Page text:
I think you are way oversimplifying. Anyone who is part of the Jewish community, even Reform people, will naturally pick up Jewish habits, opinions, POVs etc. Same is true of any sociological group. I have met plenty of Reform Jews who are very 'distinctly' Jewish in all aspects of their lives. What you are really talking about here is attitudes towards Halachah specifically. Some people are always looking for the most kuladick approach, some are always looking for the most chumradick approach, and many like a balance, or prefer to stick with what they were used to when they were young. Of course MO in general is more kuladick than UO, but there are plenty of UOs in the casinos in Vegas, and plenty of MOs who are quite strict about what they do. I think a lot of it comes down to personality - some people are naturally 'rule followers', in fact they prefer to be told what to do all the time. Other people are more like 'free spirits', they have a problem with authority and can't stand following rules.

  2. >>>What you are really talking about here is attitudes towards Halachah specifically.

    Yes. I am not talking about whether you eat chicken soup or like Jackie Mason.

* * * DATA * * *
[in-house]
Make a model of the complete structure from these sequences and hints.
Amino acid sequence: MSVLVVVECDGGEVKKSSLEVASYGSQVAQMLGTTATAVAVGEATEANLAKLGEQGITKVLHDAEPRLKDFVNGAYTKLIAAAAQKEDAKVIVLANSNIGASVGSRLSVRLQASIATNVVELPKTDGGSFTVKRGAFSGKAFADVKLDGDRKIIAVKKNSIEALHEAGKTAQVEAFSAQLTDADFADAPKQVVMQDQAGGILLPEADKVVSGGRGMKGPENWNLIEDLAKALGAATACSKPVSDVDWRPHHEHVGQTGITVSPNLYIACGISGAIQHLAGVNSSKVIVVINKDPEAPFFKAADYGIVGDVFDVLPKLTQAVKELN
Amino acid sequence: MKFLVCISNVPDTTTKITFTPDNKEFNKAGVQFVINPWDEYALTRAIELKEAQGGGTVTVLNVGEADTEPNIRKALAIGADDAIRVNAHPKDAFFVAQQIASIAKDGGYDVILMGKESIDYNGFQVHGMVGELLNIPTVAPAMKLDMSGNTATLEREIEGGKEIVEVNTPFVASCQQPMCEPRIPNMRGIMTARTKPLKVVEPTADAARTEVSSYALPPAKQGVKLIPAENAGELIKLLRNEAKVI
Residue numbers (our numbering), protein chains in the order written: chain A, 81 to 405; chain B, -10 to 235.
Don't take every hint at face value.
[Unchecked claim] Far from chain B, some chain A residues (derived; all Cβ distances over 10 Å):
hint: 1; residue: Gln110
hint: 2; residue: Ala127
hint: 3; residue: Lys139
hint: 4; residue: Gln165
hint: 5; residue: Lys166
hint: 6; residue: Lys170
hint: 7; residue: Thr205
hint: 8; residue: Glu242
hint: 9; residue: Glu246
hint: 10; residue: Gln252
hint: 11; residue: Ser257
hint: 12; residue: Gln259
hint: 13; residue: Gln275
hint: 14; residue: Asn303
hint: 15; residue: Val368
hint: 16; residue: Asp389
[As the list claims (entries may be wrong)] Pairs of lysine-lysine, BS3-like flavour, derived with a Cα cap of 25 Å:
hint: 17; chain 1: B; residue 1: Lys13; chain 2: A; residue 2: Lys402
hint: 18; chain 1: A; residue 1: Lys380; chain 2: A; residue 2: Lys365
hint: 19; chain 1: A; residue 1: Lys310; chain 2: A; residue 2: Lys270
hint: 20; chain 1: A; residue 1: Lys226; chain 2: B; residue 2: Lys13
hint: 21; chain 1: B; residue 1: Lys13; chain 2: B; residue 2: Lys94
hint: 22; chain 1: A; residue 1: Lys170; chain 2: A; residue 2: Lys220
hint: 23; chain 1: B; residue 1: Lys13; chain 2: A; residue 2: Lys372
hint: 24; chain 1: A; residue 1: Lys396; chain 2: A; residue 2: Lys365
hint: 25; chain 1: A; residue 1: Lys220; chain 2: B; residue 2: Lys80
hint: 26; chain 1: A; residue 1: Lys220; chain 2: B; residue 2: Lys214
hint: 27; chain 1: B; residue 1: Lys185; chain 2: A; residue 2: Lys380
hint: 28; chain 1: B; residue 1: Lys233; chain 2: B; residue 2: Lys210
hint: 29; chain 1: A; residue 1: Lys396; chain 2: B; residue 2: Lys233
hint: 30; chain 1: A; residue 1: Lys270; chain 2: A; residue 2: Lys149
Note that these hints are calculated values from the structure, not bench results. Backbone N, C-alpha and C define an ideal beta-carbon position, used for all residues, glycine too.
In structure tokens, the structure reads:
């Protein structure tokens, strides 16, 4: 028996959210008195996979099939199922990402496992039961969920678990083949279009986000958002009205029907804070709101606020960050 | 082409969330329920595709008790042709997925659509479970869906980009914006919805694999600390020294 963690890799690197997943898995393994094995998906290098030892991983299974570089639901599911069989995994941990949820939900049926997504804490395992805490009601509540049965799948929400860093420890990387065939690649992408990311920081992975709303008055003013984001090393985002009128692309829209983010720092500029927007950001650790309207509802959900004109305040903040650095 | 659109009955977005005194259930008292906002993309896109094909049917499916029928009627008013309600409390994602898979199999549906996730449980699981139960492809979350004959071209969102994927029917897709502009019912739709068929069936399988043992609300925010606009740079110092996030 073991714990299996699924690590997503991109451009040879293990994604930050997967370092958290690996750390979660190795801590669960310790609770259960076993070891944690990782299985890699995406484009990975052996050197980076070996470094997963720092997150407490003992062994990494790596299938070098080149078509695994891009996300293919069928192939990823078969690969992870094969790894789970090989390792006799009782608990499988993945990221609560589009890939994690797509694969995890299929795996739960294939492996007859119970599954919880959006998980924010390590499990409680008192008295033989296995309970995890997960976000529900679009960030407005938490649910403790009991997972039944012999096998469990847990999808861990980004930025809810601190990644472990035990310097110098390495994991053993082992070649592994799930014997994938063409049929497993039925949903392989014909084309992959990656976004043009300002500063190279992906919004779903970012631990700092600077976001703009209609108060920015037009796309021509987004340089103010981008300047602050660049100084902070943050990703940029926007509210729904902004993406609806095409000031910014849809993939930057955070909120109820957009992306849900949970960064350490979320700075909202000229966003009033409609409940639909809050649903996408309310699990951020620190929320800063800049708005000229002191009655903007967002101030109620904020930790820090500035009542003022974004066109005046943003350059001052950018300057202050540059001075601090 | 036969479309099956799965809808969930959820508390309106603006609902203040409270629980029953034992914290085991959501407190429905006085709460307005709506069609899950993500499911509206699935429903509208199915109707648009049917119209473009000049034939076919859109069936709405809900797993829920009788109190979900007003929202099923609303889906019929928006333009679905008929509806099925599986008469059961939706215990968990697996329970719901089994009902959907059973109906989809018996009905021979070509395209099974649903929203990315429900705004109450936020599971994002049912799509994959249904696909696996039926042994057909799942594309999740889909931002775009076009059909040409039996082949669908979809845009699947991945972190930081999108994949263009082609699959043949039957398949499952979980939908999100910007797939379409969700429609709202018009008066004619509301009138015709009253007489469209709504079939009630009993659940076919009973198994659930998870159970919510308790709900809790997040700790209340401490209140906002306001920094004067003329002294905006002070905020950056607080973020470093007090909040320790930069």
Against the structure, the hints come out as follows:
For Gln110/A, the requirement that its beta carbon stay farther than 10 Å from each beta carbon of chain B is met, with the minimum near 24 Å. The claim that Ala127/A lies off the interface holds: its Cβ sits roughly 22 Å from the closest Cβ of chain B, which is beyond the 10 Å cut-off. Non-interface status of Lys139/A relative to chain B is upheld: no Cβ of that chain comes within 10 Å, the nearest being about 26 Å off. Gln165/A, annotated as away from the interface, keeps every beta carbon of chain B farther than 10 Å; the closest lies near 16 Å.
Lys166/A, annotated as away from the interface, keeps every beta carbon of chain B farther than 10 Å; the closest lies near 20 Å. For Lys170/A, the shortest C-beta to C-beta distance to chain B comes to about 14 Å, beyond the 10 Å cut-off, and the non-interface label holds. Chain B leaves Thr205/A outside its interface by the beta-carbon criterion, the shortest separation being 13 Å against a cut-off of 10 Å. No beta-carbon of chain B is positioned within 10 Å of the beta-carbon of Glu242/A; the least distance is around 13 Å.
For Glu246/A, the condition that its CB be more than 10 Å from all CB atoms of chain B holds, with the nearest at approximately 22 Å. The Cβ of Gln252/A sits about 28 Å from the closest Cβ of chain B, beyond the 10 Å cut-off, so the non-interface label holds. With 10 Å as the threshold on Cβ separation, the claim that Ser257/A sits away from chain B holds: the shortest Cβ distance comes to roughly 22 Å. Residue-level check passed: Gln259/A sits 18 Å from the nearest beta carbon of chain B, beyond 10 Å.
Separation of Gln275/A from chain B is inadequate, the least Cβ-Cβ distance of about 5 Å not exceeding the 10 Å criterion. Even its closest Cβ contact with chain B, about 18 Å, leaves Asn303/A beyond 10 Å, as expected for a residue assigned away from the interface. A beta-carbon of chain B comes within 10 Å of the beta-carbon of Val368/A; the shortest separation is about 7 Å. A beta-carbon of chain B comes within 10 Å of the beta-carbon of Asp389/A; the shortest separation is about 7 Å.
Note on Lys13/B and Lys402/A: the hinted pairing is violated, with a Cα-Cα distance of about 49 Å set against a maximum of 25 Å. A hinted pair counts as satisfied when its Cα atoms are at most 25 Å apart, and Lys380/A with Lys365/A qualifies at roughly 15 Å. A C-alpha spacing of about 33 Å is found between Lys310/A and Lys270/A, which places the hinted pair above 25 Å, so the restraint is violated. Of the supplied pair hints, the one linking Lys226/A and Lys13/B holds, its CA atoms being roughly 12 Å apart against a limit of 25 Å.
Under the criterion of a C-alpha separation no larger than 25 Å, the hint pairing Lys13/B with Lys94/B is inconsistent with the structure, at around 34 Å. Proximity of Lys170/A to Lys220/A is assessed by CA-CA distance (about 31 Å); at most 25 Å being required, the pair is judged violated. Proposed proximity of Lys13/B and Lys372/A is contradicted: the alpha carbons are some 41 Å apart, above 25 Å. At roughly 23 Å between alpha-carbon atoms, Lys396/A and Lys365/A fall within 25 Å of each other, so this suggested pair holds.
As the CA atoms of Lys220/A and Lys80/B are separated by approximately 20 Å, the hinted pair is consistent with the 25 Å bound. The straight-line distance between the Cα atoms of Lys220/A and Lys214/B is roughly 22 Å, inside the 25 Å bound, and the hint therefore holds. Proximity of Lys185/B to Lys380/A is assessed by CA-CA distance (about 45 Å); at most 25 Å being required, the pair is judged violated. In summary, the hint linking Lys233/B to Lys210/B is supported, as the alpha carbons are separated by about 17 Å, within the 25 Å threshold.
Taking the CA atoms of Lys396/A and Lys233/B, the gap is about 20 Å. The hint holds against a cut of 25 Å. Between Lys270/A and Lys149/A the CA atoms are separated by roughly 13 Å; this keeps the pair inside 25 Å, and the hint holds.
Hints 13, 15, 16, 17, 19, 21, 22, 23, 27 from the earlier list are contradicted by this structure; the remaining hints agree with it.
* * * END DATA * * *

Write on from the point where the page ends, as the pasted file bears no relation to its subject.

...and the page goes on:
As for the rest of what you wrote, the entire point is that these labels like MO, UO, etc. that focus entirely on external criteria are worthless. Your application of the label UO to someone in a Vegas casino to me is an oximoron, as I cannot see someone who dedicates their life to avodas Hashem sitting in those circumstances. I doubt very many people call it quits at the poker table because it is time for their seder in Shav Shamytza - it is a different world.

  3. I doubt many people have a seder in Shuv Shmaytsa, in fact, I'm sure most people in the blogging world don't even know what shuv shmaytsa is. Although, it is a very important sefer, and I actually happen to have a seder in shuv shmaytsa.

  4. I think most people, including myself, have had to confront this issue, but not necessarily on a conscience level where they can articulate what the issue is.
    Specifically on a high-school level, it is hard to explain to, or educate children that Torah is a mindset, as opposed to just restrictions and laws that need to be obeyed.

    Also, just to point out, that even within the Torah Mindset, there is an idea of being balanced, "normal", and about having individual self-control when necessary.